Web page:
Kuwait has no intention of selling its investments in U.S. banking giants Merrill Lynch and Citigroup, in the short term, its sovereign wealth fund said in newspaper reports published on Sunday.
"The Kuwait Investment Authority (KIA) has no intention of selling its investments in Merrill Lynch or Citigroup in the short term, as the authority relies in its investment policies on a long-term view," the finance minister said in comments published Sunday in local newspapers.
Kuwait's sovereign wealth fund, which manages state assets in the world's fourth-biggest oil exporter, has come under fire from some parliamentarians for investing $5 billion in Citigroup and Merrill Lynch. Merrill has since been bought by Bank of America.
Each share bought in Merrill Lynch is now equivalent to 0.8595 share in Bank of America, the daily al-Rai quoted a statement from KIA as saying.
In late 2007, state-owned KIA acquired stakes worth $3 billion in Citigroup and $2 billion in Merrill Lynch, which was acquired by Bank of America last year. It did not disclose the size of the stake at the time.
But Shamali said that by the end of November, 2008, the stake in Citigroup was worth just $2.4 billion and in Bank of America just under $1 billion.
KIA in the meantime received returns worth $318 million from the two investments up to the end of last year, Shamali said in the written reply to a question from lawmaker Waleed al-Tabtabae published in local dailies al-Qabas and al-Rai.
Local media quoted Mustafa al-Shamali as saying that KIA’s investment policy “is based on a long-term vision” but that it can exit the investments if it wants to.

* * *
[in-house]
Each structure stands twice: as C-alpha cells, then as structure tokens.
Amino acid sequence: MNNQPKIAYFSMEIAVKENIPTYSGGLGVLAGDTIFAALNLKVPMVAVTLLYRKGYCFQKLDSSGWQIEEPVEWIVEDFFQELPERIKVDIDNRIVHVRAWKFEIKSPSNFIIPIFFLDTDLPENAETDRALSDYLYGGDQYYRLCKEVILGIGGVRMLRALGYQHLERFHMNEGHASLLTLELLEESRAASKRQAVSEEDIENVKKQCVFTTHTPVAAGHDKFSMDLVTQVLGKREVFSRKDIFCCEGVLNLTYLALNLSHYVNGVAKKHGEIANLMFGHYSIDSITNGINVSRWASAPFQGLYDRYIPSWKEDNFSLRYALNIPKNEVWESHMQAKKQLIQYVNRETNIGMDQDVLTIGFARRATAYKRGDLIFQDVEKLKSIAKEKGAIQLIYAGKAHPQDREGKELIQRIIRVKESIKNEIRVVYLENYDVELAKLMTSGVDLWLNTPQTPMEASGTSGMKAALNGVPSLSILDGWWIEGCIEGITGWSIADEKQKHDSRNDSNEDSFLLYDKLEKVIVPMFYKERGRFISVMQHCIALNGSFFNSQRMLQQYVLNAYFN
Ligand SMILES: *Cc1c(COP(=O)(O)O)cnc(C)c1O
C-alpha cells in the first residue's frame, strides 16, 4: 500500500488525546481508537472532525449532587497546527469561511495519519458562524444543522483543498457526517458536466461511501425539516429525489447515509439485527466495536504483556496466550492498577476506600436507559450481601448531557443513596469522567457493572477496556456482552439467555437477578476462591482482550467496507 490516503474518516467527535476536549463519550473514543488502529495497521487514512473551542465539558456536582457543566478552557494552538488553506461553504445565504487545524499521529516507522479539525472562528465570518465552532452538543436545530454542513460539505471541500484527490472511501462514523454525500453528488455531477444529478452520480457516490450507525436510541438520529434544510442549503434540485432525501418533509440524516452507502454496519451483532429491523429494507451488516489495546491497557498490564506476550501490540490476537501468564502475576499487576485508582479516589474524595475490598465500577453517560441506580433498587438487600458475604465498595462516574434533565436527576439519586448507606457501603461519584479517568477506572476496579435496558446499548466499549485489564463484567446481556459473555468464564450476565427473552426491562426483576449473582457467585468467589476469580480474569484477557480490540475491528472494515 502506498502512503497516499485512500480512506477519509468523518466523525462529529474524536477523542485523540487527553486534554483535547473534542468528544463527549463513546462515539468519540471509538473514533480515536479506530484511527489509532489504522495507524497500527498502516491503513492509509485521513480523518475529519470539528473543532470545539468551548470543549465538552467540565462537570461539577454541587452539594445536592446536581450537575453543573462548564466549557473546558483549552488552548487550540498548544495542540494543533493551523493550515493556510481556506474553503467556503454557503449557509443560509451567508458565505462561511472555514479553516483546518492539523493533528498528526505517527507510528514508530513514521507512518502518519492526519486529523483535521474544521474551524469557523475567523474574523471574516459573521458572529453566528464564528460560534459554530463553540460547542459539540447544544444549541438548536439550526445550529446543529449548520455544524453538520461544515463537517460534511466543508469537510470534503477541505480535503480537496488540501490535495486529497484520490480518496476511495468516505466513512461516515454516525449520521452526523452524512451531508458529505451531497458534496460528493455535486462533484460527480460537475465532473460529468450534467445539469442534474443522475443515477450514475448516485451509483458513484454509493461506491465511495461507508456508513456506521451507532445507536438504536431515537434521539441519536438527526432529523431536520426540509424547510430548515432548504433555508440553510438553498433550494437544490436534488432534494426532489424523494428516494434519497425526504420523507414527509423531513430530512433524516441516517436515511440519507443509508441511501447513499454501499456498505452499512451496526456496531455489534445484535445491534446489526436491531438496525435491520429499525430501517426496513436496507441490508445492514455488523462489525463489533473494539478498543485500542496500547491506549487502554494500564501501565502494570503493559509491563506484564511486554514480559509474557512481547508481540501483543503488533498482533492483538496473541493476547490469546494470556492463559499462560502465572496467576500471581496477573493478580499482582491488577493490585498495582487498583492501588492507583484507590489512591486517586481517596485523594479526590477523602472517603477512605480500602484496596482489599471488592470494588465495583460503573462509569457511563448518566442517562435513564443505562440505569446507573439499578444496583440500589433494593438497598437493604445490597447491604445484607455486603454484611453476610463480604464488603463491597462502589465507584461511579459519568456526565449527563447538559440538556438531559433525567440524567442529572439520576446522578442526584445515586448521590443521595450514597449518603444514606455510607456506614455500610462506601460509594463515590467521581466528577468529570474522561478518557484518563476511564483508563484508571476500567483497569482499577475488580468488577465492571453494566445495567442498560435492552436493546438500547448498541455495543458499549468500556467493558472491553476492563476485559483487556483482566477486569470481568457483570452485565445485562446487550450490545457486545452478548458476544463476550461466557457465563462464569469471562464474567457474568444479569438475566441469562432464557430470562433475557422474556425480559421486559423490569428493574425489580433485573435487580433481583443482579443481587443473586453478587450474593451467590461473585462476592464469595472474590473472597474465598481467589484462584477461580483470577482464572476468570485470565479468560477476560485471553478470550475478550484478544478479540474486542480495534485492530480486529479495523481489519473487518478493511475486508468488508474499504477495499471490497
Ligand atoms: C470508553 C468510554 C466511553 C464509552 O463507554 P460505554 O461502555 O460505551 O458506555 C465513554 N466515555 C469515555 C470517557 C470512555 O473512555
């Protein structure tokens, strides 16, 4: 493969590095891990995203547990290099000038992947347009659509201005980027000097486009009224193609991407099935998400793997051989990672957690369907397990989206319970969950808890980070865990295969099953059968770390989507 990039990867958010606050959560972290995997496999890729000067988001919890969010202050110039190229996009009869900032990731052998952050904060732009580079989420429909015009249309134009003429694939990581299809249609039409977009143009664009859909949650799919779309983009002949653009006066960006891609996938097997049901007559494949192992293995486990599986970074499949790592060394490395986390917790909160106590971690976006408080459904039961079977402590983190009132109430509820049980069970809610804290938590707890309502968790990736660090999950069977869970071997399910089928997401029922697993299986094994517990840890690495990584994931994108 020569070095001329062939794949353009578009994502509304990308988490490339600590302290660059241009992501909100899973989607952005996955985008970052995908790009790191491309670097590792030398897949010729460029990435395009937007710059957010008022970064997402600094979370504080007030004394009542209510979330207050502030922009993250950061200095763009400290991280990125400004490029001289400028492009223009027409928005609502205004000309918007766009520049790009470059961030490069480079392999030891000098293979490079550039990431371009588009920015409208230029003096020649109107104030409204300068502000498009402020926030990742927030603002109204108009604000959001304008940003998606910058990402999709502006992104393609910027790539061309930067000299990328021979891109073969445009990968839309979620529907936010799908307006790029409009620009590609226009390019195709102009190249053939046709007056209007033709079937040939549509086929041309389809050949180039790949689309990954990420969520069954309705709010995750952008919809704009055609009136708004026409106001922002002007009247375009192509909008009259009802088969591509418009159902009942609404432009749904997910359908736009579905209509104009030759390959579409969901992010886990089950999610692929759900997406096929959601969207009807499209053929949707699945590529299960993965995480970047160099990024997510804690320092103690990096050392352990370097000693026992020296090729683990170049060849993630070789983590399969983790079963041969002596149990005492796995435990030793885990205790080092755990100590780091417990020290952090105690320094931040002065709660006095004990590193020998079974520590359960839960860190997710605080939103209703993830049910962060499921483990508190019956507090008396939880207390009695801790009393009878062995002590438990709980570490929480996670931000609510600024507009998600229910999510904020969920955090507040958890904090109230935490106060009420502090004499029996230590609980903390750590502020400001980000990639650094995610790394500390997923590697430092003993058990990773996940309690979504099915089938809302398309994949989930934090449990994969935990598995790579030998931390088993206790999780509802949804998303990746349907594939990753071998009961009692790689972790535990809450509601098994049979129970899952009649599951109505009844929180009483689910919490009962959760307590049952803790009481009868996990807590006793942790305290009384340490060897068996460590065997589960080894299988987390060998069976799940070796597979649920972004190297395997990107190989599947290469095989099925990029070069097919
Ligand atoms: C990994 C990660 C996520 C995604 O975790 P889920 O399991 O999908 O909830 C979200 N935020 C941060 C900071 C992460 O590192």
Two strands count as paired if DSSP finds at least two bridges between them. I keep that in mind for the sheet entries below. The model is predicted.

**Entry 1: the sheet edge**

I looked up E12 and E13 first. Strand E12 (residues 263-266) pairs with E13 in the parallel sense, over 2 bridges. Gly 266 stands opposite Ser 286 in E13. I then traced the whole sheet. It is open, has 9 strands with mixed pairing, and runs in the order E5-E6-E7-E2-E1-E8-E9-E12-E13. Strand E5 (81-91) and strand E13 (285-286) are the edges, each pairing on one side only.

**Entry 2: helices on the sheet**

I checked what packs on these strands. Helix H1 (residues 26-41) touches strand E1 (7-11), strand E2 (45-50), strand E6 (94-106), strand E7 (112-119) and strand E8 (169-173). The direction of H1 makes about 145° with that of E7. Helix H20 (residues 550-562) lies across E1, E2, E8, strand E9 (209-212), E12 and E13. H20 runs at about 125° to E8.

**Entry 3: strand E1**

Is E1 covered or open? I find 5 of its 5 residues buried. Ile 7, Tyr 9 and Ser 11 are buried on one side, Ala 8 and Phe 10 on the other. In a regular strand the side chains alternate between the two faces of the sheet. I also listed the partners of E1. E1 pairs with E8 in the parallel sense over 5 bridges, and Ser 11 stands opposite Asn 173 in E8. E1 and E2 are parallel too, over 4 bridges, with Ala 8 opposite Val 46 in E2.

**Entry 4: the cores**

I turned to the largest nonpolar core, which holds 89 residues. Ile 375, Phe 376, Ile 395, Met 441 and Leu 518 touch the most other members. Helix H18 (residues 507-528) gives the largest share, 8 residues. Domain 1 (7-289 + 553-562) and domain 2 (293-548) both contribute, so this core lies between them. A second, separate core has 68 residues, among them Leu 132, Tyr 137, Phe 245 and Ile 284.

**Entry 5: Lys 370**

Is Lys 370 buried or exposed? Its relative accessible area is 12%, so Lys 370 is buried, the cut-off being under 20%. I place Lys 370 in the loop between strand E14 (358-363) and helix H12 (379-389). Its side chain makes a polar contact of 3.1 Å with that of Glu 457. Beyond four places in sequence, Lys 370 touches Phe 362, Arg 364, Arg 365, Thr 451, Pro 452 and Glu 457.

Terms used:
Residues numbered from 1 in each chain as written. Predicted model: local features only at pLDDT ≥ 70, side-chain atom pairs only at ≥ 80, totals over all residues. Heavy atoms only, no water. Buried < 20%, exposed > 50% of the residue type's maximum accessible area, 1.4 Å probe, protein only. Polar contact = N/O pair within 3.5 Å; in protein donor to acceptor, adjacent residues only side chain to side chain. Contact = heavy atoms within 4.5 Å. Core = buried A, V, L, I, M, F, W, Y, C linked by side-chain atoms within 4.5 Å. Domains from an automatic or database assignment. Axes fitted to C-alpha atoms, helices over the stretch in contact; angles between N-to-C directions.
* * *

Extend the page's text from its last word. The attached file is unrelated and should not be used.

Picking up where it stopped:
Plunge in values
The value of foreign assets managed by the KIA, fell by about 9 billion dinars ($31.33 billion) in the nine months to December 2008, due to the financial crisis, two lawmakers said in February after a government briefing.
Established in 1982, KIA manages two state reserve funds the value of whose assets reached around $300 billion before the global economic meltdown. KIA managed assets worth about 49 billion dinars ($171 billion) as of Dec. 31, the MPs said.
There are no current official figure on the holdings of the funds, but the government said in February that they lost around $33 billion in value, though independent reports said the losses were much higher
At the time of Kuwait's purchase, the Abu Dhabi Investment Authority (ADIA), the sovereign wealth fund run by the government of the UAE capital, also bought a stake worth $7.5 billion in Citigroup to become one of its biggest shareholders.
Since last October, KIA has reduced the exposure of its key Future Generation fund to global equities markets, shifting assets to cash funds, the government said in January.
In May, Shamali told Reuters that the Gulf state was not reducing its dollar assets and was keeping some liquid assets to meet its budget requirements.